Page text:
BRUSSELS (Reuters) - The European Union’s trade chief Peter Mandelson said on Wednesday the United States helped to bring down global trade talks this week when its negotiators shunned a compromise proposal at a key juncture in the talks.
The United States hit back and accused the EU of having tried to undo a carefully crafted set of compromises because it was under fire from European governments including France.
The proposal in question was drawn up by the EU on Tuesday in a last-gasp bid to unblock an impasse over an agricultural trade issue being discussed by seven powers at the centre of the World Trade Organization (WTO) talks.
Mandelson initially declined to point fingers, calling the collapse of the talks a collective failure. But his frustration at Washington was clear in a weblog he wrote on Wednesday, describing the events of the previous day when the talks failed.
“...when WTO chief (Pascal) Lamy reconvenes the Group of Seven negotiators at midday, the Indians and the Chinese express reservations and the U.S. rejects the proposal outright, much to Lamy’s understandable frustration,” Mandelson said.
“It seems that the issue on which we have diverged is more important for some than agreement as a whole. Instead of reaching out for help to solve the problem, they are digging in,” he said.
After that, a U.S. official “simply does not show up” when negotiations resume and U.S. trade chief Susan Schwab, heading into the finale of the negotiations, stopped off in the press room “to get her rebuttal in first,” Mandelson wrote.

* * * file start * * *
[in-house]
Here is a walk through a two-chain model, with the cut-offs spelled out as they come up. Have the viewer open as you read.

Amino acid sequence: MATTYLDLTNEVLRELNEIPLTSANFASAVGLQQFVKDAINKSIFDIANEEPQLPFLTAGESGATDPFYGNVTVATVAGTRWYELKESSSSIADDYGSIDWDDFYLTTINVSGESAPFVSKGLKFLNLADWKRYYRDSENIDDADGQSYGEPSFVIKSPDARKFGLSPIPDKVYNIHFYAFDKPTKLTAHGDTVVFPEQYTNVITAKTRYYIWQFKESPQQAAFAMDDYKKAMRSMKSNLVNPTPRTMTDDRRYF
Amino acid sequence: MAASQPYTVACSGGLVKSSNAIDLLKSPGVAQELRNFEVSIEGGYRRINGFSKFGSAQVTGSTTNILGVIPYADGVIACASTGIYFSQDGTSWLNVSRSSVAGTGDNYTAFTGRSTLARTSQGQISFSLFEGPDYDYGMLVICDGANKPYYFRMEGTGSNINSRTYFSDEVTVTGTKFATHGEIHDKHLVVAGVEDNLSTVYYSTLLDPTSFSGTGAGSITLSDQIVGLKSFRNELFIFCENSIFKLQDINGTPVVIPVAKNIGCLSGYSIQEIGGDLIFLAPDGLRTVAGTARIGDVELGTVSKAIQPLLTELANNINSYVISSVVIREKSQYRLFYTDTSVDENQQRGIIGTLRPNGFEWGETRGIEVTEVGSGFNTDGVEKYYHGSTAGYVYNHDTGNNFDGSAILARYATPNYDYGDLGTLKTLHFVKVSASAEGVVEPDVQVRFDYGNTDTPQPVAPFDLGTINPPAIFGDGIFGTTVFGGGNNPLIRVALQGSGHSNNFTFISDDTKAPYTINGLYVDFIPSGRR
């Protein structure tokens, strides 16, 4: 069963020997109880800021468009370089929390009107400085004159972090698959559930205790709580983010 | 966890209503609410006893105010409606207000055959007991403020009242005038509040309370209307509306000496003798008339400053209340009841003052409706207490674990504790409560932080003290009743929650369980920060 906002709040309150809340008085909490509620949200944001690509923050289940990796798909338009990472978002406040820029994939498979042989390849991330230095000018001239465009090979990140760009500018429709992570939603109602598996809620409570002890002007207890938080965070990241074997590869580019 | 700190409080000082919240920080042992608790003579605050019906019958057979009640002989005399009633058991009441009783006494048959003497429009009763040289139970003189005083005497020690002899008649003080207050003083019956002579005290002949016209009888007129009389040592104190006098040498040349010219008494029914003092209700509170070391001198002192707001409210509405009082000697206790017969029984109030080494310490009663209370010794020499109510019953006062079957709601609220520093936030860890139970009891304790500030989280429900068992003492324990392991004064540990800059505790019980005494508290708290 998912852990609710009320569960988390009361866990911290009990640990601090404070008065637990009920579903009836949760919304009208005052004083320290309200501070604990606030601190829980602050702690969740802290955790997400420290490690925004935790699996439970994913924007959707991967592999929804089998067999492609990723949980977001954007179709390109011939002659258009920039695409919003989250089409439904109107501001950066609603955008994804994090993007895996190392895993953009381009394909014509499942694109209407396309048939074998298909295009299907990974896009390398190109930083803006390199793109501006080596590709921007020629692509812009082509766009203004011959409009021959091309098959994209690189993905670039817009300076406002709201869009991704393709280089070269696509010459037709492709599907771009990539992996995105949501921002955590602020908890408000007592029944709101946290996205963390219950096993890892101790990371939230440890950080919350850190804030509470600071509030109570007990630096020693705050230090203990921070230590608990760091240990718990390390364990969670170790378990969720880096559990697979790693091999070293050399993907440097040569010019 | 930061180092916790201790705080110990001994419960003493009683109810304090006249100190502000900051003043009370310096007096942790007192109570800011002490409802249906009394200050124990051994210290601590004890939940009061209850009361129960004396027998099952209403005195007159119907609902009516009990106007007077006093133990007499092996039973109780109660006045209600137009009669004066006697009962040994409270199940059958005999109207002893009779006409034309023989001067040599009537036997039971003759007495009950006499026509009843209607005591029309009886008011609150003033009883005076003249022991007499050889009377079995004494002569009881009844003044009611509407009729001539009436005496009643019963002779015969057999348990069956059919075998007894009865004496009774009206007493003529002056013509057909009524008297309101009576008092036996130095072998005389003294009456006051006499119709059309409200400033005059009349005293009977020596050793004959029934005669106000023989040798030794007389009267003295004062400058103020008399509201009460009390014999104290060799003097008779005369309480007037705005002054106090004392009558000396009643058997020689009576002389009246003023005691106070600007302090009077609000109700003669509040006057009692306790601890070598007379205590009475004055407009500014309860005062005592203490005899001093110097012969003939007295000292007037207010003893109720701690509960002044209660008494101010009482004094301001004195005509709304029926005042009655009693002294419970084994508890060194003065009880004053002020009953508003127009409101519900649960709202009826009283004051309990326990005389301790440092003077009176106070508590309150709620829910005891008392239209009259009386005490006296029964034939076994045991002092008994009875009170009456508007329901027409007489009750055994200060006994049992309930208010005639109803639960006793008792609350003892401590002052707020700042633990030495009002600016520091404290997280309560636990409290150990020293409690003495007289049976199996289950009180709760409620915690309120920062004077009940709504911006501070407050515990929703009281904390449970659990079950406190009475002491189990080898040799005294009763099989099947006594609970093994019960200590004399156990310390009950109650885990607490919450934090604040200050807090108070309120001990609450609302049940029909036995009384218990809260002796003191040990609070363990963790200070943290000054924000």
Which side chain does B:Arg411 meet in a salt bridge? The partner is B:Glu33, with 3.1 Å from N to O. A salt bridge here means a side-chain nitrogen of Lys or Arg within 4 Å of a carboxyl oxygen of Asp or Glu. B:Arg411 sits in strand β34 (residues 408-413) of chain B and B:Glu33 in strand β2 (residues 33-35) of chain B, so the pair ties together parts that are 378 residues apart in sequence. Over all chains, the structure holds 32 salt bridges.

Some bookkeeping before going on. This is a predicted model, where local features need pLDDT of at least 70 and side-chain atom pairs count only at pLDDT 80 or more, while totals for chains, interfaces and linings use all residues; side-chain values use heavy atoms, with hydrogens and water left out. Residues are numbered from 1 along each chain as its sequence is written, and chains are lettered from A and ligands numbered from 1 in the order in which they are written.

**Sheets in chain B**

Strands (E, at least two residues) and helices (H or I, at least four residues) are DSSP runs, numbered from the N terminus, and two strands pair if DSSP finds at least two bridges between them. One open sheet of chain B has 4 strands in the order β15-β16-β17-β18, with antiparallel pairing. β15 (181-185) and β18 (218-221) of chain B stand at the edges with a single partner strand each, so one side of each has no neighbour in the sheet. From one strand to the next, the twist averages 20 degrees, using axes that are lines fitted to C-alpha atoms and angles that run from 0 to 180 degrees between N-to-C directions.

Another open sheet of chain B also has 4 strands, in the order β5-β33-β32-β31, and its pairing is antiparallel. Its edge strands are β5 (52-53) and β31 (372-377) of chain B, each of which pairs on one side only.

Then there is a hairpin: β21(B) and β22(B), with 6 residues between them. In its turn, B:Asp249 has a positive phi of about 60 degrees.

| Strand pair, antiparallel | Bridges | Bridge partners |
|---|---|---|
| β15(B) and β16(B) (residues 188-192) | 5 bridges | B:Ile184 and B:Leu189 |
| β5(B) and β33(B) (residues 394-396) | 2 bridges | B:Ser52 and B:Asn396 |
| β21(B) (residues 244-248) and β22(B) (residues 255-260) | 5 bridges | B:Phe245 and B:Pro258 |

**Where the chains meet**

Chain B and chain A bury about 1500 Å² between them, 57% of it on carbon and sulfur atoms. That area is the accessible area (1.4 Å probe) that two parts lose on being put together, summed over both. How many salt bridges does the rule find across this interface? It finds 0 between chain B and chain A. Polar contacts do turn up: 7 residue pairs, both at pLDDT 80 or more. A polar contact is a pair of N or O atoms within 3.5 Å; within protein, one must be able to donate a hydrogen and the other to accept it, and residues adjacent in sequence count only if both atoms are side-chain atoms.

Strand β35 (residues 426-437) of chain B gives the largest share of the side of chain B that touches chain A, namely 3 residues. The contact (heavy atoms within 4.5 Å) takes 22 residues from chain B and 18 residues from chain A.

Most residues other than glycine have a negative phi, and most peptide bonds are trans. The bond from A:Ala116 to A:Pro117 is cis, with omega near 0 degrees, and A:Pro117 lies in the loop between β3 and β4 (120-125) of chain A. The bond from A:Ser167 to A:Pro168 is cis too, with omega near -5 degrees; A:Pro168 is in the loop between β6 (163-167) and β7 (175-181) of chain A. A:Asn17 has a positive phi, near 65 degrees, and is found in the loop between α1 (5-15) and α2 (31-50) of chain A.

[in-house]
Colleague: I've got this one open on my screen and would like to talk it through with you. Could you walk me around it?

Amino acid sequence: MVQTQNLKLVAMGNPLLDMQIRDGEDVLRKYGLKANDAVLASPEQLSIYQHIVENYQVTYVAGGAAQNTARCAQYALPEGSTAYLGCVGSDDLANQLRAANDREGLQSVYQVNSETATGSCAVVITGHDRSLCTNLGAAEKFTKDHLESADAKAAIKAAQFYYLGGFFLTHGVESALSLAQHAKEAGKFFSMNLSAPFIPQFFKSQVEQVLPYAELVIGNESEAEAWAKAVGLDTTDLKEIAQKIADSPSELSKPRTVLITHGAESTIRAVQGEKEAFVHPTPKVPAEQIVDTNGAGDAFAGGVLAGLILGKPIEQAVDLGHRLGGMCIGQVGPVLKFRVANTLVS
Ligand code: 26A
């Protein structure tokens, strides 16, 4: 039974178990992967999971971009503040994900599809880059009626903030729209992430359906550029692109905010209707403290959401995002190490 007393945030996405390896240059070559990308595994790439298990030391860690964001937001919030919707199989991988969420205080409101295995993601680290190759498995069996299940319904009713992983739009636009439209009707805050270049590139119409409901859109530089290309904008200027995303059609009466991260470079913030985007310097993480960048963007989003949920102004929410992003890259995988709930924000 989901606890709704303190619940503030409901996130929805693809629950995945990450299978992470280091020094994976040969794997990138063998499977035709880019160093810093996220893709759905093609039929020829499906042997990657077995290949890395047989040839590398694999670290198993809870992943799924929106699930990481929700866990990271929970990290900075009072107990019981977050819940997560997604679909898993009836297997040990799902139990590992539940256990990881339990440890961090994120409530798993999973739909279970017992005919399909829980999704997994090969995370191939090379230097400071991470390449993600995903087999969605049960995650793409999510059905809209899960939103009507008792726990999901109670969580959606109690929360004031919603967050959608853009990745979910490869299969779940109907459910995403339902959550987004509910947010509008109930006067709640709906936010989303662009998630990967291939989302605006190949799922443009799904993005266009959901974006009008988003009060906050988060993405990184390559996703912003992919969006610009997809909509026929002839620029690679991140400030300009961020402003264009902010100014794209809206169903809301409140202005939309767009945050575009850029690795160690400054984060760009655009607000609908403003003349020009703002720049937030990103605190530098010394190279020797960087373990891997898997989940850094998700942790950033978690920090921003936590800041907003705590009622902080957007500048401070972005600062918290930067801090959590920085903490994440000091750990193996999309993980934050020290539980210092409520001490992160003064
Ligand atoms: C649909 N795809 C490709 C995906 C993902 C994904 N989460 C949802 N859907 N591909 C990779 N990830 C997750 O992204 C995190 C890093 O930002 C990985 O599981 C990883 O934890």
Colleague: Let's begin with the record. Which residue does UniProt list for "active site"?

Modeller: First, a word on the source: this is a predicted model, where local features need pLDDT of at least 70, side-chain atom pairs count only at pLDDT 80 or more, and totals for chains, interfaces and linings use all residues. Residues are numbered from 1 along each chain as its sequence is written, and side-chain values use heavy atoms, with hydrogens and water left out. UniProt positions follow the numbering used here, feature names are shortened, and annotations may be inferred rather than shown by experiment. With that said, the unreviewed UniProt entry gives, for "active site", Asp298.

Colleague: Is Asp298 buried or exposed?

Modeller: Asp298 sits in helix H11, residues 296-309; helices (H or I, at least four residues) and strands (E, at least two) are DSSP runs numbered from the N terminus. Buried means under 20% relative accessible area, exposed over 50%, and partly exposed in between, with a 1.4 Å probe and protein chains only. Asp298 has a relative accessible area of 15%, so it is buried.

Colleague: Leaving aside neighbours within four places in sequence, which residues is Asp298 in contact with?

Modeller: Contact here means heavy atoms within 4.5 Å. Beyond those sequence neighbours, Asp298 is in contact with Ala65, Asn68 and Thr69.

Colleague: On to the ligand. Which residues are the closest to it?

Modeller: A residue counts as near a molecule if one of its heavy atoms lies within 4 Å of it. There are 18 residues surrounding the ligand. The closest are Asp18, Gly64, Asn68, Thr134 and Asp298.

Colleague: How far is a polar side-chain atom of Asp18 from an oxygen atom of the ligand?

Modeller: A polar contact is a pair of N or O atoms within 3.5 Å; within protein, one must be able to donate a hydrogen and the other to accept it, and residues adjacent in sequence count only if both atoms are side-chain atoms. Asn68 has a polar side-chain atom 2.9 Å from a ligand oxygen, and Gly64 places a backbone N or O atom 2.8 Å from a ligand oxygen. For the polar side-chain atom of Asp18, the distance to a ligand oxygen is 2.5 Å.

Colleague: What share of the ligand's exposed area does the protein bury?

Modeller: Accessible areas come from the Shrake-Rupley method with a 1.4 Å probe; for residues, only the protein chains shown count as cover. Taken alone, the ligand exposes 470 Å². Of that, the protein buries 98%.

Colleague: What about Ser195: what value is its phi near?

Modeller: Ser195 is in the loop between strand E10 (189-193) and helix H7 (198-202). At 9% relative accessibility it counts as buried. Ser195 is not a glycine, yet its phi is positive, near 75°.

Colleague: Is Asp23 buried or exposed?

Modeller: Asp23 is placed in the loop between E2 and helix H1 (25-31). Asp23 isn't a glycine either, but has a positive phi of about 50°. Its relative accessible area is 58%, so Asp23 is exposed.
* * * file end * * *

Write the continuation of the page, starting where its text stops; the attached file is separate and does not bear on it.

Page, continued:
“The session that follows is tense and angry and Lamy does not allow it to go on for long,” he said.
“It is bad enough to be facing defeat in the last mile of such a marathon. It’s worse to realize that some of the people across the table, instead of working for success, are in reality preparing for failure.”
“The EU’s anger is misdirected, misguided and being misused,” said Gretchen Hamel, a spokeswoman for Schwab.
The trade official who missed the resumption of negotiations was in consultations with Schwab at the time, she said.
“To deflect from their own domestic concerns, the EU self-appointed their own official to renegotiate something that had already been agreed upon.”
Hamel was referring to compromise proposals drawn up by Lamy on Friday in a bid to save the talks and which several of the WTO powers, including the EU and the United States, accepted as a way to take the negotiations forward.
The seven-year Doha negotiations have been dogged by differences often over the degree to which big developing countries such as China, India, Brazil or South Africa should open up their markets in farm and industrial goods.
Tuesday’s breakdown after nine days of tense negotiations was over rules allowing developing countries to erect temporary barriers to foreign food products in the event of import surges.
The United States feared the new rules would close off markets for its farmers, who also faced a lower limit on their subsidies under another part of the planned WTO deal.
In an interview with Reuters, Mandelson said Washington’s demand that its farmers get new market access in return for less subsidies had hindered the Doha round, launched in 2001 to help poor countries develop, especially in agriculture.
“The dollar-for-dollar approach does not add up in any way,” Mandelson said. “Yes, there has to be balance, yes there has to be reciprocity, but in a development round a dollar-for-dollar approach is never going to stack up.”
Writing by William Schomberg, editing by Paul Taylor